Sunday, 29 July 2007

trailers: winter epics



Robert Zemeckis has had a number of unqualified triumphs (the Back to the Future trilogy, Who Framed Roger Rabbit? and the underrated Contact), however he has also produced enough drivel and mediocrity to cloud those achievements. Add to that the fact that the performance capture technique developed for The Polar Express still does not convince in this trailer, stuck in the uncanny limbo where it's practically photorealistic yet still looks completely artificial. On the plus side, Neil Gaiman worked on adapting the epic poem into a screenplay, and the trailer voice-over sounds suitably ominous. Nice to hear the music from 28 Days Later too; makes a change from hearing the Requiem for a Dream score whenever the trailer factory wants something big and dramatic and epic.

The Golden Compass


Philip Pullman's His Dark Materials trilogy is a literary masterwork, and I will hear no opinion to the contrary. This trailer for the film adaptation of the first of the trilogy, however, suggests that the series' cinematic achievements will struggle to match its literary ones. The cast seem to fit their roles well, particularly newcomer Dakota Blue Richards in the role of Lyra, but the general art direction and cinematography seems to scream a general Hollywood blandness, all to reminiscent of the Chronicles of Narnia film. It's also dubious how well the films will tackle the novel's controversial (to say the least) religious themes. I dearly wish to be proven wrong, of course, for there is a potentially astonishing film trilogy to be made out of the novels, but for the moment I will keep my expectations cautiously low.

Saturday, 28 July 2007

what's wrong with long films?

I've lost track of the number of times I've heard, whether it's in reviews or on people's lips, complaints relating to the latest blockbuster than run something along the lines of "But did it really have to be so long?".

I must confess I find myself somewhat baffled by these comments. Surely, when it comes to these entertainment spectacles, the longer I am entertained, the better. If a film can give me three and a half hours of entertainment for my money, then that is better than if it gives me ninety minutes. It's like walking up to a greasy beach-side kiosk and complaining that your 50c buys you an enormous tub of chips, rather than the microscopic little bag you expected.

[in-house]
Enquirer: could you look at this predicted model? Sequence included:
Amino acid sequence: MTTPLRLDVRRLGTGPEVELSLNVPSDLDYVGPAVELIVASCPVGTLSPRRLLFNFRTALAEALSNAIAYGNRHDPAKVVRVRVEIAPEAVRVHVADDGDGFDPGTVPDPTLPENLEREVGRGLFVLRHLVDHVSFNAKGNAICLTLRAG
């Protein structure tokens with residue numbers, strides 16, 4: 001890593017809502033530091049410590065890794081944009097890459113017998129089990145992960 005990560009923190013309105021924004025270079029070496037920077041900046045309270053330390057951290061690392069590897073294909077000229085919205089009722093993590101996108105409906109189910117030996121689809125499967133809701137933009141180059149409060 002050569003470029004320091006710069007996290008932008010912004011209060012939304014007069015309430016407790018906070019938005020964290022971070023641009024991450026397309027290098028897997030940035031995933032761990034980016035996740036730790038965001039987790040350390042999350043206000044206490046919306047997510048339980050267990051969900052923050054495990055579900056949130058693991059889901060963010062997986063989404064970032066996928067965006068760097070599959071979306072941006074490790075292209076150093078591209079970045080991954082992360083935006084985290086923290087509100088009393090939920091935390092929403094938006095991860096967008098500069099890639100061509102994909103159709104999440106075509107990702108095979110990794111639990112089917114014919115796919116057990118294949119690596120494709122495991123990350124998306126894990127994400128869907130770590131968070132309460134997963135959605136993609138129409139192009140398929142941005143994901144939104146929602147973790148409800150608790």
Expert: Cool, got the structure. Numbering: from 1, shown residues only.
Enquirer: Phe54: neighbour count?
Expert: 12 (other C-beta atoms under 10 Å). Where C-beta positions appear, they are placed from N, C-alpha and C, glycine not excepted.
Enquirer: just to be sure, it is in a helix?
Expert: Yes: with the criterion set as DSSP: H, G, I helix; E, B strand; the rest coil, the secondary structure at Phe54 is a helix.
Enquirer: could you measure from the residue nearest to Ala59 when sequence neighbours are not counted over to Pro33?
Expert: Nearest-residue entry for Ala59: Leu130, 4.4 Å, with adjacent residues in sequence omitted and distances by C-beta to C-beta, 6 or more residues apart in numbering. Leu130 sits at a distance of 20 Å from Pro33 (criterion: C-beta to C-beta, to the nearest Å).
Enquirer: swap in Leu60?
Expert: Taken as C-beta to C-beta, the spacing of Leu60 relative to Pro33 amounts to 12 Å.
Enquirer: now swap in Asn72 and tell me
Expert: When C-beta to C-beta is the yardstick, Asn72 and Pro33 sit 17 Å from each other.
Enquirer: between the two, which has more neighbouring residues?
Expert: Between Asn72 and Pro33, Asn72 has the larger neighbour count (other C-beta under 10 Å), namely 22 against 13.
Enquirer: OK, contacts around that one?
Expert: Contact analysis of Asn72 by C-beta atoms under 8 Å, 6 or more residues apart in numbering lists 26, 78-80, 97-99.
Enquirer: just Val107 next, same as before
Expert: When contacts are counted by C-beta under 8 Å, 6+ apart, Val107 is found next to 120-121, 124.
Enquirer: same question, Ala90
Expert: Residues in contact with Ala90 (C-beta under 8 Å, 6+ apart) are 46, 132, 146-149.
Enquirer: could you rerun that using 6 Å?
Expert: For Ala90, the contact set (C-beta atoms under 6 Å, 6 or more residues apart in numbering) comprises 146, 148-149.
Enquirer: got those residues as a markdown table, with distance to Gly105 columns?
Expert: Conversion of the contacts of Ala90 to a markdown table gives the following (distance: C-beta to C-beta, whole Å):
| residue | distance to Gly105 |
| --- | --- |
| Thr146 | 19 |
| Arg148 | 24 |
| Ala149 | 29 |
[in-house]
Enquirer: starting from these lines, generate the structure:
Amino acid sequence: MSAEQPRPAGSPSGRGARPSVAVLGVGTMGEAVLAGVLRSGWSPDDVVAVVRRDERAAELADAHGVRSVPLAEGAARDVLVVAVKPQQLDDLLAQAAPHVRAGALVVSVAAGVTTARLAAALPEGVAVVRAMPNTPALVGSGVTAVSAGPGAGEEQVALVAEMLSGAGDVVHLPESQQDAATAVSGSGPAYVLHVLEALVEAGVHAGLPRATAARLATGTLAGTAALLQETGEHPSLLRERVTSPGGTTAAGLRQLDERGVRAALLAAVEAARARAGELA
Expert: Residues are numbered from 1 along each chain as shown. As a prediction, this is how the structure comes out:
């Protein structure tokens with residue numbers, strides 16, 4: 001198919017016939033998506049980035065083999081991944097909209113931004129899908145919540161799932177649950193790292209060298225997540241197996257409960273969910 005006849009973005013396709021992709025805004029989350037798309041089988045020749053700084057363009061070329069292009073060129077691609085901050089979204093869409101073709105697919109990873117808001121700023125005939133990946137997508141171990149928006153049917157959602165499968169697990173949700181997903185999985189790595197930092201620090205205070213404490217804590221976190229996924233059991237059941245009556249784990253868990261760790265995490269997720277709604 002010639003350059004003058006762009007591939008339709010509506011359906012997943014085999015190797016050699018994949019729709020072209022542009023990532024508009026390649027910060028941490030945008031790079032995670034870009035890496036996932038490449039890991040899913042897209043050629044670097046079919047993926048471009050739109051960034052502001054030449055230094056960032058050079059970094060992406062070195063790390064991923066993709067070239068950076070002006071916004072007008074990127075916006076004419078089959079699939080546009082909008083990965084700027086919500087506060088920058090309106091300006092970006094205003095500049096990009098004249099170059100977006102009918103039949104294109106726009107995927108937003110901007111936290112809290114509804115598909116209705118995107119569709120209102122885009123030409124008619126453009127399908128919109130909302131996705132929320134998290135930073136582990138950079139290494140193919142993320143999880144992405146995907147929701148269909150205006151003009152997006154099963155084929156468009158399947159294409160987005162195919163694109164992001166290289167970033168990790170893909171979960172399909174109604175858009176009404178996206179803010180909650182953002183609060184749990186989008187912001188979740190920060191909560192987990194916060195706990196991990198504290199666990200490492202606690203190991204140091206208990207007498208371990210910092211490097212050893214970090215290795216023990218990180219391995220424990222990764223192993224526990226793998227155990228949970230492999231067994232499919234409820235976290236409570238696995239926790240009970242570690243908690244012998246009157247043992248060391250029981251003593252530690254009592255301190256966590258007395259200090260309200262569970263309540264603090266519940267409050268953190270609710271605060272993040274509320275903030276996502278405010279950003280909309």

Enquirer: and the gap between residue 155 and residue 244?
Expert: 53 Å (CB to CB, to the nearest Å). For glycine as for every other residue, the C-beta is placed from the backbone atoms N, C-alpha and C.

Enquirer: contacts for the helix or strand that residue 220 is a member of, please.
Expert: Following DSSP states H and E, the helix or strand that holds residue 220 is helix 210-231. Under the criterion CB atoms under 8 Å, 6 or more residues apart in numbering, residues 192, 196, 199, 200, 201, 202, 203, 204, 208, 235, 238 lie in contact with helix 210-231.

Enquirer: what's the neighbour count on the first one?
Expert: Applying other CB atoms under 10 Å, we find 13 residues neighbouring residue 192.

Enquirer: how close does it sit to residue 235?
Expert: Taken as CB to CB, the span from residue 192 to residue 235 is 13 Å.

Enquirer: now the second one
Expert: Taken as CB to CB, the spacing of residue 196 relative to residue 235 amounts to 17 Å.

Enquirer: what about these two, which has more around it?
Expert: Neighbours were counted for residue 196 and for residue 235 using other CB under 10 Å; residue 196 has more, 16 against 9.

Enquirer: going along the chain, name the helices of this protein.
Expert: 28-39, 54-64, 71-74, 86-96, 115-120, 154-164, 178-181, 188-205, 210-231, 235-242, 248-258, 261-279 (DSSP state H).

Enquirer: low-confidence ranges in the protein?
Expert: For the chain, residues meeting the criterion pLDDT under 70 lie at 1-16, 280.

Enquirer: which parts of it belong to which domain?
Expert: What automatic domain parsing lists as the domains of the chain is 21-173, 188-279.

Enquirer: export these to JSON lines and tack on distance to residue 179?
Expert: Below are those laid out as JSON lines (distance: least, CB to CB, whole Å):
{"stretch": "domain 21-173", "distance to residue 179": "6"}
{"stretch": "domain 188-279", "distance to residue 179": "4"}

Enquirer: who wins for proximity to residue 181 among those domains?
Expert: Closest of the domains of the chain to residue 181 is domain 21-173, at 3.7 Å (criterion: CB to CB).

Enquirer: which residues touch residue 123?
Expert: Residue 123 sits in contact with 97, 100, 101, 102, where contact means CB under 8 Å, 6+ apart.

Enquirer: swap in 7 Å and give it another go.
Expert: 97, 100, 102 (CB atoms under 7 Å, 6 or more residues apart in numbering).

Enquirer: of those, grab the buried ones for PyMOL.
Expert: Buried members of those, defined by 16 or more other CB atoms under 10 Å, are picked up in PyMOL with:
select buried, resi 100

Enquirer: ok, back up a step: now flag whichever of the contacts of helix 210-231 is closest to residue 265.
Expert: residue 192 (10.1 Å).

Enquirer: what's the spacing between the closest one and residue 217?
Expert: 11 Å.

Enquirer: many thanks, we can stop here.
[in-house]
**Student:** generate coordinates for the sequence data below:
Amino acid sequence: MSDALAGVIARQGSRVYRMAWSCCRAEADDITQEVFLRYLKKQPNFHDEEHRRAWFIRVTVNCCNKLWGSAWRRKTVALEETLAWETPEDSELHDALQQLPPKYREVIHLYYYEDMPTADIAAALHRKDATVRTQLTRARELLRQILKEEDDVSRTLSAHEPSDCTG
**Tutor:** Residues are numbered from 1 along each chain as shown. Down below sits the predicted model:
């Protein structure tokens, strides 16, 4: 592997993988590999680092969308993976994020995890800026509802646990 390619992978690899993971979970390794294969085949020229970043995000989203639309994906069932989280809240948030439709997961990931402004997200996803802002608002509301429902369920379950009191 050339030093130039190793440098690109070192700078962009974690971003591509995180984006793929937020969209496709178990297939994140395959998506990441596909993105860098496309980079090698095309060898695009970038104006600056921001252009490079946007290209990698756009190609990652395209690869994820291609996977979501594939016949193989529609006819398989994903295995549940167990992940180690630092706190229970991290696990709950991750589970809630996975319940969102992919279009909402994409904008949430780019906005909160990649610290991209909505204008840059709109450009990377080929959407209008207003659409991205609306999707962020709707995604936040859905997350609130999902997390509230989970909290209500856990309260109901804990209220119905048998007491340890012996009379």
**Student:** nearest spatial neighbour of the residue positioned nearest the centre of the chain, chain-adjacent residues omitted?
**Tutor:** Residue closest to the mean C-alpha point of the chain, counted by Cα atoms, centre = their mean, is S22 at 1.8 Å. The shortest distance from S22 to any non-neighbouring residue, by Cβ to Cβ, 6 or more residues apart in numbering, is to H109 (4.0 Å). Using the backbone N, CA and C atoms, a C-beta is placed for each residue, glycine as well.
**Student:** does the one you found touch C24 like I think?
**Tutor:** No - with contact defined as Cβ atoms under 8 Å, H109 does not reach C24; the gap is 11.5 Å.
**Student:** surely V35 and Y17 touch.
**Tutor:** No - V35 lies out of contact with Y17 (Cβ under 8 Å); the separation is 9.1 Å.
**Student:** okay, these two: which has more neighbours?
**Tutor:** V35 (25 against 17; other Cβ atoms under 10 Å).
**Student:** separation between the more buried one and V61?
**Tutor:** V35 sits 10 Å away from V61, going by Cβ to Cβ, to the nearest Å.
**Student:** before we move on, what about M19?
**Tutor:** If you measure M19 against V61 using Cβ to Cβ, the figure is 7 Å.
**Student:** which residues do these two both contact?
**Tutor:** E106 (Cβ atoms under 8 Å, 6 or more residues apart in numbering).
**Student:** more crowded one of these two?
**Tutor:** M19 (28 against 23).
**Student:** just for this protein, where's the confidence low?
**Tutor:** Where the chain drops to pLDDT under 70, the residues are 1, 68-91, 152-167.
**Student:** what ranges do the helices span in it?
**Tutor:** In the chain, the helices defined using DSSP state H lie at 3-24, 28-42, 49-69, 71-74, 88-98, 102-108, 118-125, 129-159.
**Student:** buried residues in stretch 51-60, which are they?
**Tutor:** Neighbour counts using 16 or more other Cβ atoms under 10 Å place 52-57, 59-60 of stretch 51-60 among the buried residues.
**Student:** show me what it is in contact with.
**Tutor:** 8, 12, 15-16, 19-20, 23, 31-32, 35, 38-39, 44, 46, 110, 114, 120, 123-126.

There's also the fact that you can just do more in three hours than you can do in one-and-a-half. The modern kind of fantasy/adventure blockbuster (Lord of the Rings, Harry Potter, Pirates of the Caribbean, etc., but also Star Wars, the Indiana Jones films, and so on) are, on their most basic level, about escaping into a fantastical and wonderful world inhabited by larger-than-life characters and anchored by simple but resonant mythic narratives. For this kind of thing, ninety minutes simply isn't enough to create a coherent sense of the world and feel at home in it. This is why blockbusters have been getting longer and longer, or spilling over into trilogies or even longer series.

If I want a movie to end, then it's probably because I'm not enjoying it, in which case, the length of the movie is not in itself a problem, but becomes one due to the film's other issues. Of course, I cannot deny that some films feel padded out and could benefit from a shorter running time. But when I hear people saying, for instance, that Pirates of the Caribbean: At World's End had no right to take up three hours of their time because it's nothing more than a rollercoaster pirate yarn, then I have to throw up my hands in sheer incomprehension. Why the hell did you go to watch it at all if you didn't want it taking up your time?

Thursday, 26 July 2007

review: harry potter and the order of the phoenix (david yates, 2007)

Rankings Table for the Harry Potter films, to date

1. Harry Potter and the Prisoner of Azkaban



2. Harry Potter and the Order of the Phoenix


3. Harry Potter and the Goblet of Fire